Marriages are governed by the Family Code which took effect in 1988 as promulgated by then President Corazon C. Aquino. The said code provides for almost every aspect of marriage including the persons authorized to solemnize or officiate marriages. It provides: “Art. 7. Marriage may be solemnized by: (1) Any incumbent member of the judiciary within the court’s jurisdiction; (2) Any priest, rabbi, imam, or minister of any church or religious sect duly authorized by his church or religious sect and registered with the civil registrar general, acting within the limits of the written authority granted by his church or religious sect and provided that at least one of the contracting parties belongs to the solemnizing officer’s church or religious sect; (3) Any ship captain or airplane chief only in the case mentioned in Article 31; (4) Any military commander of a unit to which a chaplain is assigned, in the absence of the latter, during a military operation, likewise only in the cases mentioned in Article 32; (5) Any consul-general, consul or vice-consul in the case provided in Article 10.”
Mayors are not Included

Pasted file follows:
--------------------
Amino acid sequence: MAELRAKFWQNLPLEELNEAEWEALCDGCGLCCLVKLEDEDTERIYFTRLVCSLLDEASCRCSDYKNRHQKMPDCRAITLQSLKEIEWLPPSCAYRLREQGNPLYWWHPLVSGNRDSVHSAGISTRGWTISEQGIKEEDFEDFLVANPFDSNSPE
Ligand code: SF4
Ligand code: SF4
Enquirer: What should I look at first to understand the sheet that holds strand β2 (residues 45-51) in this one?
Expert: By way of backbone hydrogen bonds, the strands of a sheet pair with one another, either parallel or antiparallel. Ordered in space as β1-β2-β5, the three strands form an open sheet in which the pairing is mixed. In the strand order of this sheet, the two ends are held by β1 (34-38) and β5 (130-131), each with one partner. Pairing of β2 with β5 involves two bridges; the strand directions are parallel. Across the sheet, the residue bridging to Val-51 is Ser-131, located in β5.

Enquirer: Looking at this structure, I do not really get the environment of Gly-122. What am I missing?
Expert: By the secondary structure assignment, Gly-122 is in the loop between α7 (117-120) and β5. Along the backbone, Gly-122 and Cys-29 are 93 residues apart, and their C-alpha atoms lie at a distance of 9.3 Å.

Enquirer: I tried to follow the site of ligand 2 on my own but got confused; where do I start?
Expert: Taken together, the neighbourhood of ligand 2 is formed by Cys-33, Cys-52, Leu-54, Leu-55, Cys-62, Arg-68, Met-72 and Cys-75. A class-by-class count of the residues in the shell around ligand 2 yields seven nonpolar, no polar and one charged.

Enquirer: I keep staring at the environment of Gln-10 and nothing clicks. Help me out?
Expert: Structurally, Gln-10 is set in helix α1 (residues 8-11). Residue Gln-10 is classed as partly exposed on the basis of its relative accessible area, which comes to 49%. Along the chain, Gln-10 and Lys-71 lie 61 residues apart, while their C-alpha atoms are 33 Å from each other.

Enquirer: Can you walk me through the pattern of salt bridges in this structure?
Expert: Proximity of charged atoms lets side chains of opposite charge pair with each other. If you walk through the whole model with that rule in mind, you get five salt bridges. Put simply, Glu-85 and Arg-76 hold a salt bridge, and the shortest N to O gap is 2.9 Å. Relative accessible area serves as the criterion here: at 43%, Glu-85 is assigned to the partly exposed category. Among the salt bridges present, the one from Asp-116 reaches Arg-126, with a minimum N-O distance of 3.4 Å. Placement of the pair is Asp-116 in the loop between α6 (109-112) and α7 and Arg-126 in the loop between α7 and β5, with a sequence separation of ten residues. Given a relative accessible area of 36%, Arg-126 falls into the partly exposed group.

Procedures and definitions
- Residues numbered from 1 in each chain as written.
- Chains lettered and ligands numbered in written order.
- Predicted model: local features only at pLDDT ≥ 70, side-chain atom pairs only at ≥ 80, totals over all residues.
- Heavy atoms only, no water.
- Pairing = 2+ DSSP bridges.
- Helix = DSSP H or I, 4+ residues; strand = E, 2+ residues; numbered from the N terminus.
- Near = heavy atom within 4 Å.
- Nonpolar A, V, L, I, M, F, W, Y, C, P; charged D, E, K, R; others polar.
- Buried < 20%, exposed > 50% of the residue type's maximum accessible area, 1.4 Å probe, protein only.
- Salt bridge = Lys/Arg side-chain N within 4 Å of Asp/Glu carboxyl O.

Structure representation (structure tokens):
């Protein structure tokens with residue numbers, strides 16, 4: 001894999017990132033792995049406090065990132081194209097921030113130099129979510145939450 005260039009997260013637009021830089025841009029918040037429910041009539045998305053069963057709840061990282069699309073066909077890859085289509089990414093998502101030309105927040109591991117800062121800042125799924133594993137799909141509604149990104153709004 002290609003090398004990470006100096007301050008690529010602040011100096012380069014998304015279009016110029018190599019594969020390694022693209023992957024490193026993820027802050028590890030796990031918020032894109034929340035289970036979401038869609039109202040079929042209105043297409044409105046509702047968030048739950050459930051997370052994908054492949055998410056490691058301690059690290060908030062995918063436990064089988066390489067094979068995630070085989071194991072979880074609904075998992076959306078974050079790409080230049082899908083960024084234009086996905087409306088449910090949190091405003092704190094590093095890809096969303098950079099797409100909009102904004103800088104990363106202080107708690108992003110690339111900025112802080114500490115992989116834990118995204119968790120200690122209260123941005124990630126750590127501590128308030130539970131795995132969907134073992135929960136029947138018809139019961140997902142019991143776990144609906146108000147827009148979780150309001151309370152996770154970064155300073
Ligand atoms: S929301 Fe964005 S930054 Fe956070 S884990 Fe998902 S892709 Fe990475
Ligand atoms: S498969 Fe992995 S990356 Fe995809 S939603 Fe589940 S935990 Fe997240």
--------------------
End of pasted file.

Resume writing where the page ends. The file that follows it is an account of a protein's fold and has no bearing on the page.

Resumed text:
If the quoted article will be read very carefully, the mayor is not included. How then is it legally possible for city and municipal mayors to solemnize marriages? Around three years after the effectivity of the Family Code, when the 1987 Constitution was now in effect, Congress promulgated the Local Government Code and inserted the power of the mayors to solemnize marriages. In two provisions (on municipal and city mayor) of the LGC, the powers of the mayors are enumerated which include the power to: “Solemnize marriages, any provision of law to the contrary notwithstanding” ((b)1(xviii) of Sec 444 and 455) Although the Family Code does not provide, the Local Government Code now includes the mayors as solemnizing officers. Can governors, who are the chief executive of the province, solemnize marriages? No. The Local Government Code does not give the governor the power to solemnize marriages. Only mayors were given this power. As to the reason why only mayors were given this power or why they are given the power in the first place, some theorize that it was an insertion by the drafters and overlooked by congress. How about officials who assume the office of the mayor in an acting or officer-in-charge capacity, can they also solemnize marriages? The Department of Interior and Local Government (DILG) has already answered the question in the affirmative, but the provisions of the LGC alone are sufficient to answer the question. In case an official temporarily assumes the office of the mayor, he may exercise all the powers of the mayor “…except the power to appoint, suspend, or dismiss employees.” [Section 46(c)] What is only prohibited for the OIC or acting mayor to perform is the power to appoint, suspend, or dismiss employees but he is not prohibited from solemnizing marriages.